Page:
TORONTO (FIBA Americas Championship for Women) - Canada's new boss Lisa Thomaidis seems to be a perfect fit for the women's national side, one she will lead for the first time this summer.
A native of Ontario, Thomas was an assistant to former coach Allison McNeil, who ended her long spell in charge after steering the Canadians to an eighth-place finish at the Olympics.
One of the aims of Thomaidis is to have success in September at the FIBA Americas Championship for Women in Mexico, a qualifying event for the 2014 FIBA World Championship for Women.
Like most of the players she will lead, Thomaidis played the game overseas.
She competed in Greece for five seasons.
Thomaidis believes that gives her an advantage.
"Knowing the international game from a players’ perspective, not just as a coach," she said, "it helps my coaching style and just dealing with the athletes.
"Having played in Europe and knowing kind of what the pro leagues are like over there and what you have to go through and the sacrifices you have to make to play over there and be successful is something I can relate to."
It was during her time as a player that Thomaidis began to visualize herself as a coach.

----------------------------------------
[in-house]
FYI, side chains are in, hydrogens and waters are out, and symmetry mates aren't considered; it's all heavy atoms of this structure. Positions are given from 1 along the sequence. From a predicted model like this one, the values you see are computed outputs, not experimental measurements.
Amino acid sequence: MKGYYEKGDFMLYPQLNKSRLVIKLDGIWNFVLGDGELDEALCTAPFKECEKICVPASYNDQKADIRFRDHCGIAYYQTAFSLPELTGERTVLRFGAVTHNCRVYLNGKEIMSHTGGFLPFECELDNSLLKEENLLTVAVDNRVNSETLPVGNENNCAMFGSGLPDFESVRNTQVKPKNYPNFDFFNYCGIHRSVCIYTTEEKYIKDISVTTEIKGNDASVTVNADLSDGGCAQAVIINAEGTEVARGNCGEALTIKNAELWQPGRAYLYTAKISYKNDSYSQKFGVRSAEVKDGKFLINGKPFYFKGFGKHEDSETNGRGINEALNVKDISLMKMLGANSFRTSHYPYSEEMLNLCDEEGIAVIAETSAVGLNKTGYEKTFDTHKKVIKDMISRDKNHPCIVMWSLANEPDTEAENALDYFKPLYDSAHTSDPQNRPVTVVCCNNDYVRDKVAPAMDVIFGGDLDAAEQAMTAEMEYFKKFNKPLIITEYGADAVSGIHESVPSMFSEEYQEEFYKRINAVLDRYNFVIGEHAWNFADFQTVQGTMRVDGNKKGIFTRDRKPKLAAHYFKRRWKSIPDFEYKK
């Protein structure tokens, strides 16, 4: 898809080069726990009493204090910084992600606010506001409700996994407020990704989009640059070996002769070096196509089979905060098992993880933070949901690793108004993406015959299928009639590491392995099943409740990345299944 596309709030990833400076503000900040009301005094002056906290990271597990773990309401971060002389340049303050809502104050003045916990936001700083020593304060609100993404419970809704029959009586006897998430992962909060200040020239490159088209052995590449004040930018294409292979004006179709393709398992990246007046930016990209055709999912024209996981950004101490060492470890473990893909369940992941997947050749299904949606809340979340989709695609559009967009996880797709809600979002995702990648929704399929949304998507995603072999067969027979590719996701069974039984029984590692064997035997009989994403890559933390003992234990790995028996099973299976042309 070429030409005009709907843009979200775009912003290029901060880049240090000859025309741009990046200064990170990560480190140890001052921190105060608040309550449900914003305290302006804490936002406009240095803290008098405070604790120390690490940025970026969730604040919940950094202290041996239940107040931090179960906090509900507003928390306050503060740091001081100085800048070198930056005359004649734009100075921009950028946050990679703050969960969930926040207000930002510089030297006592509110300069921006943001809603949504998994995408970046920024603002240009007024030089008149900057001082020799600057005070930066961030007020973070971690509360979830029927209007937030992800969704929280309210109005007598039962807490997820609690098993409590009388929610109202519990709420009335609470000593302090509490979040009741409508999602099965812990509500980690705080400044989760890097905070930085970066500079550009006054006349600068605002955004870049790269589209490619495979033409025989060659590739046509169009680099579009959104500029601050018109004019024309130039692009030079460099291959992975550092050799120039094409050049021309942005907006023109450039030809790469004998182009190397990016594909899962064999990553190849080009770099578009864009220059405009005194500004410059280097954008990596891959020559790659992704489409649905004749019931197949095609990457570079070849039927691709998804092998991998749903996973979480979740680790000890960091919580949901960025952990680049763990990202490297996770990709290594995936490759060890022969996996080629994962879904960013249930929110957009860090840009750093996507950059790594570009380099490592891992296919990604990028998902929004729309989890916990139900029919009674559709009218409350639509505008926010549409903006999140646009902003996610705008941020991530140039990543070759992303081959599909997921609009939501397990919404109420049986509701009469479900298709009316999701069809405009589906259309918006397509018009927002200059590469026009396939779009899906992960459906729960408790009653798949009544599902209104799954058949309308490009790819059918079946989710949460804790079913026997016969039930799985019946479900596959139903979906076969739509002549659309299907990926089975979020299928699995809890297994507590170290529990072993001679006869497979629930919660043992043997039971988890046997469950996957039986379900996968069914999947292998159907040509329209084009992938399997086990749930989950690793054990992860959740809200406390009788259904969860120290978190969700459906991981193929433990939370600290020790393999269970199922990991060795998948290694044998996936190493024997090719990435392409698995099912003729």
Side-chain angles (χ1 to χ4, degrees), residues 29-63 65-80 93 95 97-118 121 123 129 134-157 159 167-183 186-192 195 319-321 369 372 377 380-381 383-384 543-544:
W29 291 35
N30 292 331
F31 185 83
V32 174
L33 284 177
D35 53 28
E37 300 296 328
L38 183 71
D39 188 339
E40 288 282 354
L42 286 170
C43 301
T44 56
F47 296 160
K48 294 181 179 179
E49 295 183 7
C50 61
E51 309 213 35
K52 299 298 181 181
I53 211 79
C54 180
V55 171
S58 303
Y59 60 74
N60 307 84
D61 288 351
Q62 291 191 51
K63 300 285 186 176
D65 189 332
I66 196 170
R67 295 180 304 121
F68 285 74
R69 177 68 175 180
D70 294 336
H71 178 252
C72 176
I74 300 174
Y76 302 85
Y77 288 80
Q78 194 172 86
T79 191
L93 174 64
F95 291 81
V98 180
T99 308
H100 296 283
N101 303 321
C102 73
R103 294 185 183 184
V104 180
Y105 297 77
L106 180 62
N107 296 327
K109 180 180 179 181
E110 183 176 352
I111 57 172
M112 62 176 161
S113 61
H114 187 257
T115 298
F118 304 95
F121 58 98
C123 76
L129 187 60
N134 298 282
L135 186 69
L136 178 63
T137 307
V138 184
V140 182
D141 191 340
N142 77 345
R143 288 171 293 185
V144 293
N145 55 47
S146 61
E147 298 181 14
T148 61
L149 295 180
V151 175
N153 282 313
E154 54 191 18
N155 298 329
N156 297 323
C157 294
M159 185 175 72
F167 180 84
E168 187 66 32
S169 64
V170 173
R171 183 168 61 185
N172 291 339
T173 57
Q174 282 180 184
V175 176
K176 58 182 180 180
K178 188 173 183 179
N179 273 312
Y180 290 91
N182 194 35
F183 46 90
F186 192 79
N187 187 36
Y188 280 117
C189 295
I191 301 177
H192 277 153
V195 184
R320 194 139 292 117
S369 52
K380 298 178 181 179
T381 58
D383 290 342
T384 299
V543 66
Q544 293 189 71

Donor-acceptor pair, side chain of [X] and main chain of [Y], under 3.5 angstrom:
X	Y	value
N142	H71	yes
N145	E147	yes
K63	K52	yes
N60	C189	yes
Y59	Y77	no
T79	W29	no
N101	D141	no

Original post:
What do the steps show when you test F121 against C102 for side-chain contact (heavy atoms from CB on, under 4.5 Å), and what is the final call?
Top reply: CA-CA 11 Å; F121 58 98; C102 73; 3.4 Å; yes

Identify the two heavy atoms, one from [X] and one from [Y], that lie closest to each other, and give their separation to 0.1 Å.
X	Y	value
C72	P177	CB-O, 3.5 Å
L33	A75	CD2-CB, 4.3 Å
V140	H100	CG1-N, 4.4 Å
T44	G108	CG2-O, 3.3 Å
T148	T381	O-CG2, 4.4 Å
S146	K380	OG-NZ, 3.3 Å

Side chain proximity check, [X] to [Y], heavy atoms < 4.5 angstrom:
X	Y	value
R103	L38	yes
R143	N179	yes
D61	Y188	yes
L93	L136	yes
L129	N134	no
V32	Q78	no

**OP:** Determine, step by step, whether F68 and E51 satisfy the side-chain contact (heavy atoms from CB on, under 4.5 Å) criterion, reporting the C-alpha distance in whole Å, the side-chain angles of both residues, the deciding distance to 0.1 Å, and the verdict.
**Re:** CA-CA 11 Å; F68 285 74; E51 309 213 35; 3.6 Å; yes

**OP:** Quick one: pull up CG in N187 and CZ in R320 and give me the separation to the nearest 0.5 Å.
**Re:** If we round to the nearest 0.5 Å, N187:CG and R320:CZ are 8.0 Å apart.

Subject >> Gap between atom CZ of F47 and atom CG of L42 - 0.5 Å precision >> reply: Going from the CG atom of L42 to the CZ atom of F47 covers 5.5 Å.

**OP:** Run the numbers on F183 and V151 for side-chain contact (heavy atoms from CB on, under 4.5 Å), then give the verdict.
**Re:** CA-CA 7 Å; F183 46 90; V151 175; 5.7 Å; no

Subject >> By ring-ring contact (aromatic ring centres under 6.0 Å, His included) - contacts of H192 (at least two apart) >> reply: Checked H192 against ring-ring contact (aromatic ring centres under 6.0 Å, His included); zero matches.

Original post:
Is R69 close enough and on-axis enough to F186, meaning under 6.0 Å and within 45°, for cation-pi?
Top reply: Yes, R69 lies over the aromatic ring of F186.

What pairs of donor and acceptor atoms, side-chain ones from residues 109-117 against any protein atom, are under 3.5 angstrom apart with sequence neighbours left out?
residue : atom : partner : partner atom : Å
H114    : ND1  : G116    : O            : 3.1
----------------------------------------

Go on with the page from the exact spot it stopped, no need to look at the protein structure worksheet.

"When I was playing pro, I ended up getting injured so I got a chance to sit and watch a lot of practices,” Thomaidis said.
"It was probably during that time that I kind of realized I could be a better coach than I was a player while watching the game from another perspective and learning by understanding it in a different way."
If Canada's players and fans have grown accustomed to seeing a fiery McNeil walk the sidelines for 11 years, they are likely to notice a difference with Thomaidis.
"Allison’s very, very passionate and brings a lot of energy," Thomaidis said.
"I’m much more of an introvert and probably not as fiery.
"Not that I’m not as passionate, but I’m more understated in how I communicate."
Expectations will be high in Canada.
Everyone will believe this national team program has a chance to climb higher in the FIBA Ranking Women.
After the London Games, Canada rose two spots to No. 9.
Thomaidis, who was speaking in an interview on the Canadian Basketball Federation website, said: "We have to keep building on the success that we had.
"The big thing for us is to continue on the path that we’ve created and hopefully returning the core of our athletes that were successful in London and integrating maybe some new, younger athletes at the start of this quadrennial and providing them with the benchmark for where they need to be to be the best in the world."
As part of their preparations for the FIBA Americas Championship, Canada will have a European tour that includes visits to Montenegro, Serbia, France and the Czech Republic.
They will also play games in China, and Brazil.